The office market has seen its vacancy rate upped from 9.1% to around 10.7% since January this year. With net absorption facing a headwind from sluggish H1 lettings, and with a strong flow of construction deliveries, the BNP Paribas Real Estate view is that the tone of prime headline rents has softened by approximately 5.5% since the start of the year.
Remote Working Uncertainty
Looking ahead, uncertainty remains about how remote-working may impact the relationship between service sector employment and office space requirements.
Indecisiveness and mixed messages on remote working guidance and the phased return to offices is disrupting business planning for many, Keith O’Neill, Head of Office Agency at BNPPRE, says.
“Clarity from NPHET and the Government on what a safe return to office workplaces would look like, and when this is realistically likely to be possible, would certainly help jump-start the Covid-induced market slow-down in office space.”
According to John McCartney, Director of Research at BNPPRE, the true impact of hybrid-working will not be known for some time.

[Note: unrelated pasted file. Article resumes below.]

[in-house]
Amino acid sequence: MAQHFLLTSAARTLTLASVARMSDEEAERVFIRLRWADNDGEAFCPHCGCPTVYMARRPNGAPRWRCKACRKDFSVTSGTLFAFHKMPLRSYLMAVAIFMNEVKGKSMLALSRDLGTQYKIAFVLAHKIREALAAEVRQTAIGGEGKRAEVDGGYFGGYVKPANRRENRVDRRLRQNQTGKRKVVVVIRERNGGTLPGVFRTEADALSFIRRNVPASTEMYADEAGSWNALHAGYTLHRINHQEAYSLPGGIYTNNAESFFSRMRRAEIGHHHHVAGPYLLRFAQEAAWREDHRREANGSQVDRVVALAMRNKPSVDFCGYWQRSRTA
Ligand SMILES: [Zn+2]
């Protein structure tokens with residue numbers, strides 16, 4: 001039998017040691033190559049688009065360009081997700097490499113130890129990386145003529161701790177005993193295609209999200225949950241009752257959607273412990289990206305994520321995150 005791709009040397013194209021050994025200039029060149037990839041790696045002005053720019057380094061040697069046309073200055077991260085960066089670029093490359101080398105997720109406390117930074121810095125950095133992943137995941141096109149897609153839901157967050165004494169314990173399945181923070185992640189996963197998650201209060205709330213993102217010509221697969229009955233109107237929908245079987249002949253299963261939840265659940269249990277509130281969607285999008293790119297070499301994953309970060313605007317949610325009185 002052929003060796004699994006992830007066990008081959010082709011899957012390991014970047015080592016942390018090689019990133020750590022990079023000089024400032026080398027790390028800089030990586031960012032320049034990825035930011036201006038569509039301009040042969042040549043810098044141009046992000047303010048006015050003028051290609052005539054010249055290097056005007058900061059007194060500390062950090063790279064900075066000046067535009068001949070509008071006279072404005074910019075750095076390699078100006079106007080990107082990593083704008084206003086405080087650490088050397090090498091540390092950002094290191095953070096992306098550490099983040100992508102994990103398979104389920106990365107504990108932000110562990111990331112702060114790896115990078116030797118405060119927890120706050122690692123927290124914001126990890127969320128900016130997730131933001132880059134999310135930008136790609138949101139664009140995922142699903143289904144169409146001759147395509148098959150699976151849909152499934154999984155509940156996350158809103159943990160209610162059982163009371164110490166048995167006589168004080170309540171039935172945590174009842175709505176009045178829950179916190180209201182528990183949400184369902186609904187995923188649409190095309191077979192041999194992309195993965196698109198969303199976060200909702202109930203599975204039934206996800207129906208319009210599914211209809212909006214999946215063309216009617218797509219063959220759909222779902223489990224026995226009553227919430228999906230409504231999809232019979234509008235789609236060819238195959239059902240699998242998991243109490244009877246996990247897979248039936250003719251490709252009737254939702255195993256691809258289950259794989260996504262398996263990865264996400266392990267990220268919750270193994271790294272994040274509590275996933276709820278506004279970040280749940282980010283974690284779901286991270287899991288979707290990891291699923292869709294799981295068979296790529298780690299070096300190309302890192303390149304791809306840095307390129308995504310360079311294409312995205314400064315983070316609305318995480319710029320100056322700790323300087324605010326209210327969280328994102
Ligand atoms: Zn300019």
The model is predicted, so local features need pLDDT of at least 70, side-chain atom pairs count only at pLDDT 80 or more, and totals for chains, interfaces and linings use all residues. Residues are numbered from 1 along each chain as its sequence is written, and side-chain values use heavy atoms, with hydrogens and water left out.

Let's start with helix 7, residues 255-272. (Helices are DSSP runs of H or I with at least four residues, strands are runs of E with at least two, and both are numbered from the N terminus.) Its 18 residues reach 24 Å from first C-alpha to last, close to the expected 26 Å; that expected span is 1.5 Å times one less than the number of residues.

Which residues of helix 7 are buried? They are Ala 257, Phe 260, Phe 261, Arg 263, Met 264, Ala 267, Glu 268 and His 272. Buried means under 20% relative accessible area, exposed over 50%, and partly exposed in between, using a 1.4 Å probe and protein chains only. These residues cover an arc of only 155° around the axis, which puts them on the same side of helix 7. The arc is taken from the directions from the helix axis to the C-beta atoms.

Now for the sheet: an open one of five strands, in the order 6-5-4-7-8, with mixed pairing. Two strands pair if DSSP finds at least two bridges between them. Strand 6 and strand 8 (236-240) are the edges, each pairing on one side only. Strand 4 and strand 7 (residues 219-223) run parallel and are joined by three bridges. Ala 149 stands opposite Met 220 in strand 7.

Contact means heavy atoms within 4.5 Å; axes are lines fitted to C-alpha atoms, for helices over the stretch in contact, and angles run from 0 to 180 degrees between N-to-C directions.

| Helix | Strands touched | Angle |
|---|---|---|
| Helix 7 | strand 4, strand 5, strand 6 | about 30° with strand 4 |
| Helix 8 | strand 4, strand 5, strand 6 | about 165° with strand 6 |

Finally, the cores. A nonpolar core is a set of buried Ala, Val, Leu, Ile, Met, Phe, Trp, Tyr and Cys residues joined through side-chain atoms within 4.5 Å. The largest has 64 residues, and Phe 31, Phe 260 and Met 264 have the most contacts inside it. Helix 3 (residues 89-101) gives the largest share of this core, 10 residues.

“However, what we can say with confidence is that, independent of other influences, Ireland’s rapid economic rebound and certainty on the Corporation Tax rate should support office demand”.
Corporate Tax Certainty
McCartney notes that positive news-flow across multiple indicators has caused economists to sharply revise their growth forecasts upwards, and 600,000 net additional jobs are now expected to be created over the 2020-2025 period.
He also says Ireland’s signing-up to the OECD international tax agreement in October “puts-to-bed a niggling source of uncertainty” and represents the best available outcome for Ireland’s economy and the Dublin office market.
The OECD corporate tax agreement is now likely to be implemented in 2023 and will provide certainty for the Government in formulating its long term FDI strategy, and for the Dublin office market which serves the multinational sector.
The creation of more than 13,000 office jobs in Q3 alone recoups most of the jobs lost through Covid, the BNPPRE report outlines, and restores employment in Dublin’s office-based industries to within 1.5% of its all-time-high.
“Rapid employment growth provides the best possible starting point for office market recovery, and creates headroom to cope with any movement in the space-per-employee ratio too”, John McCartney says.